The hubs and I have been hammering out projects all around the house over the last week. The best news? The heat, AC and ductwork are finally installed! After 5 full days of having dudes in our house banging, sawing, and crawling around (all while I'm still trying to work at home), we finally have roasty, toasty 16 SEER heat-pump goodness pumping through the house. And take a look at this baby:
Isn't that sweet? And other than the super-fancy (and super pricey!) Nest thermostats, it's just about the schmancey-iest thing in our house now.
Patrick built a 3' x 3' x 3' composting area so we can have nutrient-rich organic gold for the garden in the springtime. He used 2x4 treated lumber for the corner posts, and wood pallets for the sides.
The brick building is the little church that's next to our pasture, by the way.
We've also been sticking it to the kitchen. (If you missed the last post about our kitchen progress, check it out here.)
Here's an update on the progress we've made over the last week.
|Look at that cute booty!|
We bought this big Dragor rug from IKEA on Thursday night, thinking that we'd just cover up as much of the ugly faux brick laminate as we could until we do the "real kitchen remodel" down the road. (We bought another one for the mudroom, and you can see it peeking out in the photo below.) And then we told ourselves, "Selves - you could spend a *little* more money and do peel and stick vinyl tiles on the kitchen floor and be way happier." So we did.
Saturday morning we woke up and started peeling up lineoleum.
The thing that gets me most about pulling up lineoleum (we've done it before at the Jasper house) is the smell. And thank goodness these people didn't have cats. Gross.
So we made with the sticky (icky), and after we primed the now-exposed subfloor with self-stick tile primer, we started laying our tiles down.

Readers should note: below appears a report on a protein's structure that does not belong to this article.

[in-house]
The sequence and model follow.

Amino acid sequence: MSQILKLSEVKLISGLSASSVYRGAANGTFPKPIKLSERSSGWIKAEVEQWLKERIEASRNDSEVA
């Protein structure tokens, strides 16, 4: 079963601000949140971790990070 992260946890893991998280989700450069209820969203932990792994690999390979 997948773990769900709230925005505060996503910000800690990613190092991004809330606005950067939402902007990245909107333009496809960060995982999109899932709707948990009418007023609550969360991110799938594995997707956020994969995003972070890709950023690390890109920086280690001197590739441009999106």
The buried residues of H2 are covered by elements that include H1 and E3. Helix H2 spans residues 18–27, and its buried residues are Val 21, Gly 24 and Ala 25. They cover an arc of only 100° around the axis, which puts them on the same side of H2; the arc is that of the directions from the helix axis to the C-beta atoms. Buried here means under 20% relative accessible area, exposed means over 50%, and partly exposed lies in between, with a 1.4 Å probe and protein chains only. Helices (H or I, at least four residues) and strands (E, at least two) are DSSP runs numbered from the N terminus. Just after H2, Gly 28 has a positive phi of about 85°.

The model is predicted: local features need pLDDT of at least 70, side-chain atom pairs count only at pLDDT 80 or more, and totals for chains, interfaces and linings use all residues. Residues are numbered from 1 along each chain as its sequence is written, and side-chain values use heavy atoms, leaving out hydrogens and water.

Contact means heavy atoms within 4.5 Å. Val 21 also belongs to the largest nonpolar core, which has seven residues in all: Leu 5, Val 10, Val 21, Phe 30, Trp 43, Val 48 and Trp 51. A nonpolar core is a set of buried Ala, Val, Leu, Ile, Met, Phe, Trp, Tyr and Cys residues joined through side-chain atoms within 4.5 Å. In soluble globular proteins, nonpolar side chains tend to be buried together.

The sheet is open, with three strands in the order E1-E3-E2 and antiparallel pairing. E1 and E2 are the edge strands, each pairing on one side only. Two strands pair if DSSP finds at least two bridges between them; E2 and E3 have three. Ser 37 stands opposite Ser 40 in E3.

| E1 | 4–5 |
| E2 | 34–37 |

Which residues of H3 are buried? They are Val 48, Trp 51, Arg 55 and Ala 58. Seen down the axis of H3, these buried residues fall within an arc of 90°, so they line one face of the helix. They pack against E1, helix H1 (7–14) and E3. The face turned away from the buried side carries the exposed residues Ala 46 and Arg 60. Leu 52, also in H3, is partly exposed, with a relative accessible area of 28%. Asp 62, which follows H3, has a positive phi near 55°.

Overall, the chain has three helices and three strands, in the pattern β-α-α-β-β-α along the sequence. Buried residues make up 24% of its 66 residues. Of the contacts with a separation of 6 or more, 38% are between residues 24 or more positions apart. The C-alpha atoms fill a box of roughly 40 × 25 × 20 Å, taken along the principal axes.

Here's what we used.
We found it on clearance at Lowe's for $0.98 a square foot. They only have the 18"x18" available online here.
We decided to be extra over-achievers and do grout as well. I never imagined that they made grout for peel-n-stickies, since the whole advantage of peel-n-stickies is ease of installation and why would you want to add an extra step in what's supposed to be a quickie job? Because it looks way nicer than just butting the tiles up against each other.
|Patrick gettin' grouty|
Here's a photo of the right side of the kitchen. Please ignore the towels and miscellaneous tools laying out. We're working here, people.
And here's another one showing the (currently naked!) window and sink area.
And we hung a new light fixture in here, and one in the dining room.
Here's the dining room's new fixture:
It's simple and rustic and I love the way it looks with the big cow painting. Here's the link to buy it.
Here's what we did in the kitchen:
|Grayton Light - Buy it Here|
And here it is in daytime light, not illuminated:
I still need to put another two coats of ceiling paint on our homemade ceiling medallion (that's on today's to-do list). We had to get creative on how to cover the big 16" x 16" square hole from the old recessed fixture, and I really don't like the look of the ceiling medallions you buy at the store, so we made our own.
We used 1/2" thick furniture grade plywood and 1/2" beaded quarter round moulding.
We used four screws to hold the plywood in place on the ceiling, and a pneumatic air nailer to attach the moulding to the plywood.
I decided to go with the chalkboard wall idea for the weird wall along the right side of the kitchen. Rather than doing a chalkboard all the way to the floor, I decided we should compromise and do paneling along the bottom part of the wall. It will add some much needed architectural interest to the room, as well as helping to break up the big span of black on the wall.
I used Rust-Oleum ChalkBoard paint - $9.67 at Home Depot - in the original black finish. They have a tintable version, but I liked the idea of repeating the black from the light fixture in the paint color.
Since I knew we were doing wainscoting, I measured up 40 1/2" (allowing 1 1/2" for trim for a total of 42" - bar height) on each edge of the wall and drew a line so that I could only paint the area I needed.
It says to use a roller for best results, and since I always want the best results, I started with a roller. The paint is thinner than regular latex wall paint, and it splattered all over the freshly laid, not even 6-hours old floor. Cue the drop cloth! So I busted out the 4" big boy Purdy brush and used soft, sweeping X-strokes. I actually like the texture better with the sweeping, crossing brushstrokes than what a roller would have produced.
|Bye Bye Sharkey Gray! I'll use you somewhere else in the house!|
I used a 1" angle Purdy brush on the edges where the ceiling and perpendicular walls meet the chalkboard wall, since I personally hate taping things off when I don't have to.
Here is the result after one coat:
|That big ol' drip is from using the roller. See why I switched to the brush?|
It's dry to the touch after just 30 minutes, and you can do the second coat after 4 hours, which is where I am now. Time to go do the second coat!